With Italy going to shit, the Austrian Empire’s army was tied down just as revolt was erupting in Vienna. In Budapest, the Hungarians decided it was finally their time to shine. Under the leadership of the romantic nationalist Lajos Kossuth, Hungary began to assert its ancient laws and rights as a sovereign portion of the Habsburg Empire. On March 15, Kossuth made the proclamation that bears his name:

“On your feet now, Hungary calls you!

Now is the moment, nothing stalls you,

Shall we be slaves or men set free

That is the question, answer me!”

The Austrians couldn’t afford to antagonize the Hungarians – most of the troops they had in Italy were Hungarian – and the Hungarian Revolution pushed at this weakness. Soon the Hungarians were joined by armed uprisings of Czechs, Croats, and Transylvanians, all trying to regain their rights and national sovereignty. After months of attempted negotiations, with the Austrians failing to satisfy their demands for autonomy and sovereignty, the Hungarians decided to break away entirely and reforge the ancient Kingdom of Hungary. On September 29, 1848, the Hungarians beat the Austrian army at the Battle of Pakozd, which sent Budapest into paroxysms of cheering and celebration. Hungary would be free! If Hungary could reemerge from the old dead hand of Austria, so could Italy, or Poland, or Croatia, or the Czechs and Slovaks!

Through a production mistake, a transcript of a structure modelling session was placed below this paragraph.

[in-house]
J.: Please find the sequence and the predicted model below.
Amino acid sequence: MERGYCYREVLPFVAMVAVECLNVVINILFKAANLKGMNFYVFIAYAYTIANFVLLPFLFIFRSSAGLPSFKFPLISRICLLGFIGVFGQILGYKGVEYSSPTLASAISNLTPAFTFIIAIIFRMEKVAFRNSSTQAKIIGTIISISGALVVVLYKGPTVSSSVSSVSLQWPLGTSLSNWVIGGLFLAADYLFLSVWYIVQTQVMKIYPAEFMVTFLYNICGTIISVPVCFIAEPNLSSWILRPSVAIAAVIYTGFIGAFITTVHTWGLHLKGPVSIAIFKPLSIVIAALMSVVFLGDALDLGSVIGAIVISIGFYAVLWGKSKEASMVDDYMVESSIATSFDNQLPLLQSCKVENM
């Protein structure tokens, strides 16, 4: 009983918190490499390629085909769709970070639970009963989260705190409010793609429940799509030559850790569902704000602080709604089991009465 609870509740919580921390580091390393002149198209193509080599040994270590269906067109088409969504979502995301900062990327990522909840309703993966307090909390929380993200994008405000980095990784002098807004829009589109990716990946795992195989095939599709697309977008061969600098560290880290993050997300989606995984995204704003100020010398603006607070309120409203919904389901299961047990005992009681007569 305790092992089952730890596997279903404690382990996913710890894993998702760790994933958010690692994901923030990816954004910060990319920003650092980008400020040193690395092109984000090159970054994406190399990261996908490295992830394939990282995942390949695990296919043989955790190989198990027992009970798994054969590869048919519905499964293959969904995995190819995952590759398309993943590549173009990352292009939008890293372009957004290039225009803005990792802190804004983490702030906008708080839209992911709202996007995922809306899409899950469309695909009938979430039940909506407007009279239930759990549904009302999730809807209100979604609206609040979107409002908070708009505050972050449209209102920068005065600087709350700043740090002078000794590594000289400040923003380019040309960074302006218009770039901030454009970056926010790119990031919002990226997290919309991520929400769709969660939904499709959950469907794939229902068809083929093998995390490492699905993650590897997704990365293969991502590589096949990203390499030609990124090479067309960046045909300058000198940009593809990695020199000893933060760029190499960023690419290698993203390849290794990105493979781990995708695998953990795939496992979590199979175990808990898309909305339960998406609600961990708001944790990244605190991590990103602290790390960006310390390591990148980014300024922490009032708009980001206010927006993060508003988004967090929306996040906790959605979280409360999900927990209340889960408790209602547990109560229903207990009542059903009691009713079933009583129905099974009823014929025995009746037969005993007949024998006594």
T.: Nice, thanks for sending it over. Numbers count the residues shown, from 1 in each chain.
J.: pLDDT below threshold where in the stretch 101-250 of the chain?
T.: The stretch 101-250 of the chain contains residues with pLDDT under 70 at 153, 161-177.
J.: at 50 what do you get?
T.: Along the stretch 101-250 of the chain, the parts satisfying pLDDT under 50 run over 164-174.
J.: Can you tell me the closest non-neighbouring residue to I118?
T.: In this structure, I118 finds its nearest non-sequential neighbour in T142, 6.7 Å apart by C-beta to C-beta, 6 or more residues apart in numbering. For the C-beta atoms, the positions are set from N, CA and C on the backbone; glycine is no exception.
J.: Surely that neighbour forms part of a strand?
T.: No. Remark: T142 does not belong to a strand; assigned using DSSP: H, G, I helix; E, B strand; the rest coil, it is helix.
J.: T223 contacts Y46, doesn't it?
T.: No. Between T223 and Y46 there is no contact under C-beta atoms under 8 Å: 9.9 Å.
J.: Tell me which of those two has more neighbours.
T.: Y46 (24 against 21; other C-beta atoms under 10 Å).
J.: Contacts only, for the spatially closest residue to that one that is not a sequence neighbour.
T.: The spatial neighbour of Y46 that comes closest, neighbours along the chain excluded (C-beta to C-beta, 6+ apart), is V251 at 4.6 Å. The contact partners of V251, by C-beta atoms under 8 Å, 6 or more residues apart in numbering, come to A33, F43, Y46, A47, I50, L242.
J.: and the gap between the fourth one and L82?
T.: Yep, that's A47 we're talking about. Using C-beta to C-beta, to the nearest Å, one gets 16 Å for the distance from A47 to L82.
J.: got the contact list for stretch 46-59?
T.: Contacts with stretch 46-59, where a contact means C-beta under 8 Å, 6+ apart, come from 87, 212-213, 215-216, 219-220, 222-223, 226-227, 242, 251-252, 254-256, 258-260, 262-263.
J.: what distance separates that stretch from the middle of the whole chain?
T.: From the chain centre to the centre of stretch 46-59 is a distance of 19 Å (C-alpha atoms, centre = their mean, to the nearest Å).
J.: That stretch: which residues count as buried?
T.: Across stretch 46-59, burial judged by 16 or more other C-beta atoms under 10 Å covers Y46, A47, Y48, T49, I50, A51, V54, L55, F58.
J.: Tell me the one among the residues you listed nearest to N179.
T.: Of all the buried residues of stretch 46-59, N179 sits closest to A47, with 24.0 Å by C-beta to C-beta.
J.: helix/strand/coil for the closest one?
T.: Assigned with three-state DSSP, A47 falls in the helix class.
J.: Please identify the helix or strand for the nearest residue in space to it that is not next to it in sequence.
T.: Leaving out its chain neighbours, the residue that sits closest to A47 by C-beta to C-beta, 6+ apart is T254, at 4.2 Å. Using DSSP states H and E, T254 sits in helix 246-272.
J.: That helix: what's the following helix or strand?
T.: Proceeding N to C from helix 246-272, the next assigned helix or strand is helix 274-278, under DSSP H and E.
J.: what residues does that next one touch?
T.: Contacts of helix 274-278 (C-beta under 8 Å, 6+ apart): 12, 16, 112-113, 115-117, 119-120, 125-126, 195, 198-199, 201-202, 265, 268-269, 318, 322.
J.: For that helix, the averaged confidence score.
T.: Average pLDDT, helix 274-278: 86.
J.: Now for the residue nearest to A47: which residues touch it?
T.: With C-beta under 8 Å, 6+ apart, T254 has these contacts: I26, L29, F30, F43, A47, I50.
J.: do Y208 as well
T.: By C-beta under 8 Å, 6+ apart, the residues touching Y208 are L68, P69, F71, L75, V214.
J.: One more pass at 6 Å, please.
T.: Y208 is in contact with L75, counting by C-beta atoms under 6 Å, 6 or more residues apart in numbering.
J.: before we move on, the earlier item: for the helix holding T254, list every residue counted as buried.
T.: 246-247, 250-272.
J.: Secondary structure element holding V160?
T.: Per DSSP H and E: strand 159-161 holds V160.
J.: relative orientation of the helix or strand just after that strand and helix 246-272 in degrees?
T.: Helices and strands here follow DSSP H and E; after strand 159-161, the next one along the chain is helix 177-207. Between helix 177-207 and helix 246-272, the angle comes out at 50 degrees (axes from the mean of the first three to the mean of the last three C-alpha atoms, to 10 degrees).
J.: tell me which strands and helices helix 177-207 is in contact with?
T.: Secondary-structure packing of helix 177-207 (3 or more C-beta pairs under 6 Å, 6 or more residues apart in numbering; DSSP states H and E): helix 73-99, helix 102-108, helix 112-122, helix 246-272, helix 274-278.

In Germany, a massive revolt in Prussia on March 13 erupted on the news of Metternich’s resignation. This resulted in literal urban warfare – the Battle of Berlin - with over 600 dead before King Frederick William IV of Prussia finally agreed to proclaim a Constitution for his people. Frederick William even made an announcement that shocked all of Germany: that he would sponsor a debate to consider the unification of Germany. While these concessions were viewed as a triumph by the Germans and the Prussians, behind closed doors the prospect filled the King with humiliation, as he believed his right to rule came from God, not the masses. Frederick William remarked bitterly that “we crawled on our stomachs” before the revolutionary masses.